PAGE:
Countries around the world are reckoning with the tribulations of the COVID-19 pandemic, which feels like it will get worse before it gets better. In the U.S., many recommendations posed by the scientific or public health community have been met with equal measures of support and backlash, partially due to the unpredictable nature of this pandemic.
For example, in their April 2020 study, researchers of the Fred Hutchinson Cancer Research Center found that “social distancing can provide crucial time to increase healthcare capacity but must occur in conjunction with testing and contact tracing of all suspected cases to mitigate virus transmission.” However, many Americans have found reason to disagree with the legitimacy of such recommendations due to the competing conspiracy theory that “the COVID-19 outbreak was planned.” In a June 2020 Pew Research survey, “about a third of U.S adults who have heard this claim say that they think it is ‘probably’ (28%) true.”
These sentiments might speak to the declining public trust in American government since the 1960s, but also the general increase in political polarization in the country, such as that seen in the debate surrounding the next round of stimulus funding that will greatly affect all Americans.
It is critical to reflect on the effect that all of this has on students, particularly graduate students. To pursue graduate education means agreeing to undertake a period of study for the period of time that is required to become a specialist or expert in a particular field. The mental health crisis has been going on for decades, but the new virtual learning environment, the ongoing pandemic, and the polarization surrounding basic issues of public health doesn’t provide a supportive landscape for success.
Though the responsibilities of a graduate student changes based on the academic program and region, the theme of maturity and independent study is consistent. Many graduate students are adults with full careers, and some have their own families. COVID has changed the rules of what it means to be a graduate student and it is important that institutions for higher education consider ways to support graduate students during this difficult time.
Doctors, researchers, engineers and scientists from all fields of knowledge around the world work together tirelessly to confront the coronavirus outbreak with an unprecedented spirit of collaboration. From this, we can learn that the key to overcoming COVID lies in work where there is a mutual agreement between parties to collaborate due to their shared mission.
For the field of higher education, collaboration can be a tool of empowerment. The priorities of higher education institutions and graduate students align when it comes to ensuring graduates and alumni successfully enter into the workforce. The pandemic has forced leaders within higher education to reexamine their strategy and career pipeline partnerships due to the U.S economic depression brought on by COVID.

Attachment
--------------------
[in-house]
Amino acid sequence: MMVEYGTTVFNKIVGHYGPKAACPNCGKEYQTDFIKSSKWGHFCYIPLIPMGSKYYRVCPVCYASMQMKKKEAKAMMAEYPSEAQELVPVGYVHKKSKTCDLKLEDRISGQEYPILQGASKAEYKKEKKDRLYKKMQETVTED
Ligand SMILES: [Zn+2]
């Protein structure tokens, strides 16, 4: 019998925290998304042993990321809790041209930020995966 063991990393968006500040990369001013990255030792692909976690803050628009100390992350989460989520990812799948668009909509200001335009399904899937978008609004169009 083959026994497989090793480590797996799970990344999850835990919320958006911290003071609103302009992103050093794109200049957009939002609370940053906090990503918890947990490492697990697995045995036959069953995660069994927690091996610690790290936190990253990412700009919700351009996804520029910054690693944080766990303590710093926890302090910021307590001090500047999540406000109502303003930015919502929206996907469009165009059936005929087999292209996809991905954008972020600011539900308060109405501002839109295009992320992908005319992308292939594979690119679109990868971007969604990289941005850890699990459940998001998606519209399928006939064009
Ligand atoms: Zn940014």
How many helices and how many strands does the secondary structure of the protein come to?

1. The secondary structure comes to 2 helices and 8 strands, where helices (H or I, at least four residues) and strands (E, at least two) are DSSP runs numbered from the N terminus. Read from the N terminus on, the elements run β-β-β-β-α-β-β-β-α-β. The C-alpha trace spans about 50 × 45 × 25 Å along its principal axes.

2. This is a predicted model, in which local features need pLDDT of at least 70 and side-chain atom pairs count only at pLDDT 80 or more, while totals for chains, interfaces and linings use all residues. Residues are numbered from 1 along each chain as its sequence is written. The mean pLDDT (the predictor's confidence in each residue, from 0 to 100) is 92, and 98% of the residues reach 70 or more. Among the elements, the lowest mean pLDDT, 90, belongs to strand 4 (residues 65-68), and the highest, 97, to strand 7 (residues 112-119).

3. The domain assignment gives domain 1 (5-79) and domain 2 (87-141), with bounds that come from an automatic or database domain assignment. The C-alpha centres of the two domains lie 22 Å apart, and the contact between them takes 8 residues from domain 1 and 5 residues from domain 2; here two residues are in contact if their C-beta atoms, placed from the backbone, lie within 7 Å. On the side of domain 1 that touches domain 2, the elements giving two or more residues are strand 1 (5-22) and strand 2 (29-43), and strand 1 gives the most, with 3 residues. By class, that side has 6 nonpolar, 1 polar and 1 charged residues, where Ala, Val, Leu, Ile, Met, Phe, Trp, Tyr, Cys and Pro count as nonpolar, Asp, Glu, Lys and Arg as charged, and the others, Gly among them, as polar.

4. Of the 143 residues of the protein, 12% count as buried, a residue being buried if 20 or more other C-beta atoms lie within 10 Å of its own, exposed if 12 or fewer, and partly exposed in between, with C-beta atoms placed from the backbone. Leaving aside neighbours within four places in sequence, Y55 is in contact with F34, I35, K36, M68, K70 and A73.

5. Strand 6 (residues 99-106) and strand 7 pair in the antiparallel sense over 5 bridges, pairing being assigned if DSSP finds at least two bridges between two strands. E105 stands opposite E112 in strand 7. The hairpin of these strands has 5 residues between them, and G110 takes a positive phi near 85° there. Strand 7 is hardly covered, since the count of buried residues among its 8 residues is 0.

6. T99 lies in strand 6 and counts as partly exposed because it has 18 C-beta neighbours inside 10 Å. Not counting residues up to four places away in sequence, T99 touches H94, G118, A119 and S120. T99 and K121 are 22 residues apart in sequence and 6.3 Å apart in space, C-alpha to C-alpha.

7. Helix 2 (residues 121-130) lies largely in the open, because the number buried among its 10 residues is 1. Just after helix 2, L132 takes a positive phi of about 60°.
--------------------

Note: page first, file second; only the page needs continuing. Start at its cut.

A McKinsey Global Institute analysis, based on multiple sources, indicates that “the shock to our livelihoods from the economic impact of virus-suppression efforts could be the biggest in nearly a century.” In another McKinsey report it states “two years from now, about 70 percent of the executives in our survey expect to use more temporary workers and contractors onsite at their companies than they did before the crisis.” Navigating the career landscape in the midst of COVID-19 as a graduate student can be scary, but it is also an area where higher education organizations can create long-term platforms for economic equity and growth by identifying opportunities in new and growing fields to support job growth and recruitment.
Take, for example, the growing opportunities in the field of renewable energy. As mentioned by Forbes Business, “renewable energy is becoming one of the key creators of jobs in the global economy, with 11.5m people now employed in the industry around the world.” Better aligning education and training is also essential for equipping clean energy workers with the skills they need to succeed on the job.
Nine in 10 millennials say it is important to work for a sustainably conscious company, and 41% of the Gen Z population is interested in working or studying in an area that is somehow related to sustainability. Consumer behaviors impact every aspect of organizational culture such as strategy, costs marketing and more. These findings can be crucial for higher education institutions and organizations as they are planning for the post-COVID era. But, more importantly, these trends speak to the need to focus and adapt and on cultivating a supportive environment for graduate students and their careers.
Featured Image Source: Georgetown Institute for Women, Peace and Security.